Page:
Des fouilles entreprises au site stratifié de Log Cabin Point, sur la rivière Trent dans le sud de l'Ontario ont permis de récupérer des assemblages artéfactuels et fauniques datant des époques pointe-péninsulienne et iroquoienne ancienne. L'analyse du matériel faunique indique qu'il y a eu continuinté dans la fonction du site en tant que campement de chasse et pêche. Les assemblages céramiques et lithiques donnent l'occasion d'etudier leurs changements chronologiques locaux et de positionner le site dans le contexte des schèmes d'établissements régionaux. Ils appuient également l'hypothèse du développement in situ des Iroquoiens dans la région de l'ests des Grands Lacs. L'article se termine par la description d'une composante historique datant du XIXe siècle, soit une ferme eurocanadienne.

65-85 The Stones Throw Site: a Late Paleoindian Site in East-central New Hampshire

Timothy H. Ives

Recent archaeological investigations in Tamworth, New Hampshire identified a small Late Paleoindian site designated the Stones Throw site. It is spatially defined by a small, low-density distribution of rhyolite debitage reflecting channel flake removal and late-stage bifacial thinning. A broken lanceolate preform was recovered adjacent to a probable hearth remnant, 14C dated to ca. 8,800 B.P. Site data substantiates the use of channel flaking technology in New England during the early Holocene and reflects a persistent pattern of regional mobility involving north-south travel through the White Mountains.

Une intervention archéologique récente à Tamworth au new Hampshire a permis la découverte d'un petit site paléoindien récent: le site Stones Throw. Il se limite dans l'espace à une petite aire de répartition de faible densité d'éléments de débitage en rhyolite témoignant de la production de cannelures et des étapes finales de l'amincissement bifacial. Une préforme lancéolée brisée a été trouvée à coté de ce qui semble être les restes d'un foyer, daté au radiocarbone à environ 8800 ans A.A. Les données du site appuient l'usage de la technologie des cannelures en Nouvelle-Angleterre au début de l'Holocène et reflètent la persistance d'une mobilité régionale qui met en scène un axe de déplacement nord / sud à travers les Montagnes Blanches.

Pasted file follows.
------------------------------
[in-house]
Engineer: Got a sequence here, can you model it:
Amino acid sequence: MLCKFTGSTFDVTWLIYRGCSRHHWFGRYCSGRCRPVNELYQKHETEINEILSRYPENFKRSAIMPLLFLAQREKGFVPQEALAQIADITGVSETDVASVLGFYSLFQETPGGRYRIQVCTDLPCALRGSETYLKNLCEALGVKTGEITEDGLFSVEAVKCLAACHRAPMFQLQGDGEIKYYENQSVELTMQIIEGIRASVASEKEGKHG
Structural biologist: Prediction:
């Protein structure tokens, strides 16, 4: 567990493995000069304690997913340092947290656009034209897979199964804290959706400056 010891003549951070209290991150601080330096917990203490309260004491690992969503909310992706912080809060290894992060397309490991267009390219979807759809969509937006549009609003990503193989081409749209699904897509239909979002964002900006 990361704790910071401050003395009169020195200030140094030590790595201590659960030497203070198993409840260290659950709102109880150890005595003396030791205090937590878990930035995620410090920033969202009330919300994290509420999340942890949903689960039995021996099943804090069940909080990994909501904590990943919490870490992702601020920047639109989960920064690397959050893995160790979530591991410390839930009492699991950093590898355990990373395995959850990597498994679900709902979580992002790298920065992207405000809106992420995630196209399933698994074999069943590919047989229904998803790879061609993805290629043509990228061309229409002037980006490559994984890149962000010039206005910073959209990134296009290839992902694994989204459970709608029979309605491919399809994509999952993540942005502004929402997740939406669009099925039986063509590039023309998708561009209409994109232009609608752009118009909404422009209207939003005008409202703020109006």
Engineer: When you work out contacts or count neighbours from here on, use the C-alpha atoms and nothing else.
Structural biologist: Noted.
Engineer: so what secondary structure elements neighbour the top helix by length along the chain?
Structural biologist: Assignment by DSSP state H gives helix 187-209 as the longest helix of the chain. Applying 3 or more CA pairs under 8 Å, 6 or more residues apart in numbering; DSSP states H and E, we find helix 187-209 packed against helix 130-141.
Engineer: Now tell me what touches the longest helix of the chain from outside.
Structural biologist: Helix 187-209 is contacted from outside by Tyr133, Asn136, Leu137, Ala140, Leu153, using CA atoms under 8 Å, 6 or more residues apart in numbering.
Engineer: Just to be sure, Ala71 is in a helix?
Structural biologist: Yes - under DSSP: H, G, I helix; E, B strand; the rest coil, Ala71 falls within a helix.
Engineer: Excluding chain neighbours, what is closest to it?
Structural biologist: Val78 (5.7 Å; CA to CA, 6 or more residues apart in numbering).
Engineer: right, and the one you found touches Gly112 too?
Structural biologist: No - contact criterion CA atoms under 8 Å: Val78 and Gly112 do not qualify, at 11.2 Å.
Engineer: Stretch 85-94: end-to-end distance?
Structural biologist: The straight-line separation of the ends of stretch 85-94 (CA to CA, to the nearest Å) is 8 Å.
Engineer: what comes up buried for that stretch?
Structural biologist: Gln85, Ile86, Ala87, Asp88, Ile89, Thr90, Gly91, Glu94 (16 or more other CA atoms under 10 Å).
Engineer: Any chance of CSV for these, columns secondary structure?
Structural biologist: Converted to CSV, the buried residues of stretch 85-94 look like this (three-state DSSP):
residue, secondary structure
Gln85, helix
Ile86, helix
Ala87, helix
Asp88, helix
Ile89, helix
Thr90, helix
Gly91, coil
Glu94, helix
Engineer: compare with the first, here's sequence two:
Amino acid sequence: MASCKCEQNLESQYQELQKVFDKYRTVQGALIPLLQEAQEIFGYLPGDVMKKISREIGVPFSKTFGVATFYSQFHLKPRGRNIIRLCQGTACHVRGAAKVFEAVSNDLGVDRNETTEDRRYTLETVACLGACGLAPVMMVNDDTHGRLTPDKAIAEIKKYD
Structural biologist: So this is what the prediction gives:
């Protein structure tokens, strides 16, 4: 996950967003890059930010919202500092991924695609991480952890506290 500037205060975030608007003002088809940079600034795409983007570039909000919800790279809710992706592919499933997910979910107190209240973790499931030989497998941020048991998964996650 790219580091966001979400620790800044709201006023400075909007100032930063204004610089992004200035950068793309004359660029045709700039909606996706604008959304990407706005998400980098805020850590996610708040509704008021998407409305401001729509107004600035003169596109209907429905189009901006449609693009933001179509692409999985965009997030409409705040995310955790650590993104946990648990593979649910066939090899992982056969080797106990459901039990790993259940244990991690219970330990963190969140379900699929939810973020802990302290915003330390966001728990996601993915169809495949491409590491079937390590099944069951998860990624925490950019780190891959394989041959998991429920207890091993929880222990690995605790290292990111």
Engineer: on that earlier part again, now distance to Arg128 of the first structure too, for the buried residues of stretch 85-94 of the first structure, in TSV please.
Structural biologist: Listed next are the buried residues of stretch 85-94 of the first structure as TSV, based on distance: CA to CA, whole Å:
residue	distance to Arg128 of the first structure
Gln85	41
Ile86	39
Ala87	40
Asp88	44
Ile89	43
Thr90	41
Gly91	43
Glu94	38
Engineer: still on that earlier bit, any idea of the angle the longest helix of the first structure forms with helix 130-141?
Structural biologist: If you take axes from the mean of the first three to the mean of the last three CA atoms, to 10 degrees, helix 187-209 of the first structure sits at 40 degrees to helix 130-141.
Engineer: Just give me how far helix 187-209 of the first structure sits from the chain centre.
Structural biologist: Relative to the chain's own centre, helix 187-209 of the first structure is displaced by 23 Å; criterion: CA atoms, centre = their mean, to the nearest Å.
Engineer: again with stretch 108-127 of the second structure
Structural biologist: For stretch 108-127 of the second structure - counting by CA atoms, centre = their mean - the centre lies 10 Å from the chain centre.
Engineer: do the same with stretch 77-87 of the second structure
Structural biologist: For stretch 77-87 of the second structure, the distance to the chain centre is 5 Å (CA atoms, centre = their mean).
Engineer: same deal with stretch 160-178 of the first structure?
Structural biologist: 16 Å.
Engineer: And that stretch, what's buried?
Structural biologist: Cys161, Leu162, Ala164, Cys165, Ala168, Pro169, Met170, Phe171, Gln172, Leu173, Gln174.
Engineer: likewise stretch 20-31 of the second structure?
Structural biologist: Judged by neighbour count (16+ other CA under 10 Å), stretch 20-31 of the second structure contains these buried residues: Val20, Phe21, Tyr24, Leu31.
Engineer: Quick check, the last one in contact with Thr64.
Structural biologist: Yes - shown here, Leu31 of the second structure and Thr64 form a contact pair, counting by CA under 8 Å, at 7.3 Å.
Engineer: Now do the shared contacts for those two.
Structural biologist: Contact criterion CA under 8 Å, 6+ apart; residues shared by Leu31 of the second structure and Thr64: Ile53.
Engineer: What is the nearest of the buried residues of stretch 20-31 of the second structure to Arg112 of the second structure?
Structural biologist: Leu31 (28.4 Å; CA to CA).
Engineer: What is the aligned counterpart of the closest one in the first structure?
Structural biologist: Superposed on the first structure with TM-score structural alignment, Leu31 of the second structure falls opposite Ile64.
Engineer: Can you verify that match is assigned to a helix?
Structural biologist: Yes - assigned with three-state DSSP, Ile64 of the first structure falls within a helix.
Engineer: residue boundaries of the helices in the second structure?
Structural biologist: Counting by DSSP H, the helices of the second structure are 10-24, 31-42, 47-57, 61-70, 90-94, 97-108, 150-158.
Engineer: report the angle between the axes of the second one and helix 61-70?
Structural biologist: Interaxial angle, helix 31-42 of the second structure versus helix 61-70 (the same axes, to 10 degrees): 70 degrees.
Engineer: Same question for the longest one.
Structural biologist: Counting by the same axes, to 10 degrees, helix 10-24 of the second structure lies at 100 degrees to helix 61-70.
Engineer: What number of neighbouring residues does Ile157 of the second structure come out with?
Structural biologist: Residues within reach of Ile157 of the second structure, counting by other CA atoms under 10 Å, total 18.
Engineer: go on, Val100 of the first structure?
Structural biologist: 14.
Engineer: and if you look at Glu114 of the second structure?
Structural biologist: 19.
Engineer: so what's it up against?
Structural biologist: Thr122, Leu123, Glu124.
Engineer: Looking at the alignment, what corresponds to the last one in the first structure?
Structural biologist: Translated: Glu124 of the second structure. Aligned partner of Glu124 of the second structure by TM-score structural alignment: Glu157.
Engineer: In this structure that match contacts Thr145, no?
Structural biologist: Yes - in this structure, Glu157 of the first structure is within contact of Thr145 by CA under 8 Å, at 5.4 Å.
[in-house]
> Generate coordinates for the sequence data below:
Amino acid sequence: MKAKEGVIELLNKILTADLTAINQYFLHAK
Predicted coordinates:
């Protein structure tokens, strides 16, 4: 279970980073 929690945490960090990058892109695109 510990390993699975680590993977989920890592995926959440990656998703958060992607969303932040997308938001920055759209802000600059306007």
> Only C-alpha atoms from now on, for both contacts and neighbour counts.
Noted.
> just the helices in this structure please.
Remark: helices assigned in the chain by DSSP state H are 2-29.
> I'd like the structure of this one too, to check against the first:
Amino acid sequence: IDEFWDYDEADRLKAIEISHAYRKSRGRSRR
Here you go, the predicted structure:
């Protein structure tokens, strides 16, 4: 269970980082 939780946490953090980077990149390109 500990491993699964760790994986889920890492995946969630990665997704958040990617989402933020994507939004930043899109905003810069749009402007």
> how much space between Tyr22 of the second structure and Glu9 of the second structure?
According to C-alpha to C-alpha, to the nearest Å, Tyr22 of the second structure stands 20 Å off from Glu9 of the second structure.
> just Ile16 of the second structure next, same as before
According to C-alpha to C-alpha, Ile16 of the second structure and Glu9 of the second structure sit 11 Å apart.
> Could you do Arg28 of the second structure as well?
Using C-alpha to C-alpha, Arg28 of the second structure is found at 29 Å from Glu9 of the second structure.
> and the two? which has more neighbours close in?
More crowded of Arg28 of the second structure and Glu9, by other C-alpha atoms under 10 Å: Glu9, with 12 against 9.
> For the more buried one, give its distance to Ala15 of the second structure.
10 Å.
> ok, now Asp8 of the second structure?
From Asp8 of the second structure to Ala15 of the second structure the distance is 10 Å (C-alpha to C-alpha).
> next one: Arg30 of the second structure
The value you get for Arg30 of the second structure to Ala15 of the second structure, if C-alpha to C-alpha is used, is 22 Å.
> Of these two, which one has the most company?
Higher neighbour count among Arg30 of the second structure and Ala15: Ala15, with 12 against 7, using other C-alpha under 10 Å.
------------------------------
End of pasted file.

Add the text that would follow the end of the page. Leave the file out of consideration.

BOOK REVIEWS
87-88 Caribou Hunter: A Song of a Vanished Innu Life (Serge Bouchard)
Robert Jarvenpa

89-90 The Lowell Experiment: Public History in a Postindustrial City (Cathy Stanton)
Ivan D. Steen

EDITORIAL COMMENT

This volume of Northeast Anthropology contains a range of interesting papers and marks a continuation of the journal staff's commitment to bringing the reader a variety of anthropological perspectives on the Northeast. Volume 71 starts with Thomas Abler's analysis of the works of the legendary ethnologist, the late William Fenton. Not long ago, in my inaugural volume as the editor of this journal I included a brief remembrance of Dr. Fenton's passing. Abler's paper puts his work in the historical context in which it was conducted, and notes what a truly influential and innovative researcher he was. This is an apt moment to remember Fenton's work, as his last book, Iroquois Journey: An Anthropologist Remembers, will be published next month by the University of Nebraska Press.

Anthony Wonderly's contribution is one of which I think Fenton himself would have approved. Wonderly investigates the mythical associations of two prominent constellations. His findings are a cautionary tale that Native Americans did not necessarily make the relatively rigid identifications and associations of the heavens as is the case for Western cultures. Researchers who make facile and simplistic assumptions about Native American myths and symbols, and their role in daily life, proceed at their intellectual peril.

Contributions by Jenneth Curtis and Timothy Ives show the journal's continued goal of presenting primary anthropological data as well as more general or synthetic analyses. Both papers are initial reports of excavations at northeastern archaeological sites. Curtis presents the results of her excavations at a multi-occupation site southern Ontario, where Native Americans returned to the same location repeatedly for over a thousand years. Ives' paper relates excavations at a Paleoindian occupation in New Hampshire, and provides additional data relating to one of the still mostly poorly understood periods of northeastern prehistory.

In closing, I will remind readers about the upcoming Eastern States Archaeological Federation annual meetings in Burlington, Vermont. This year's meeting promises to be one of the larger gatherings of that organization in some time. Details can be found online at esaf-archeology.org.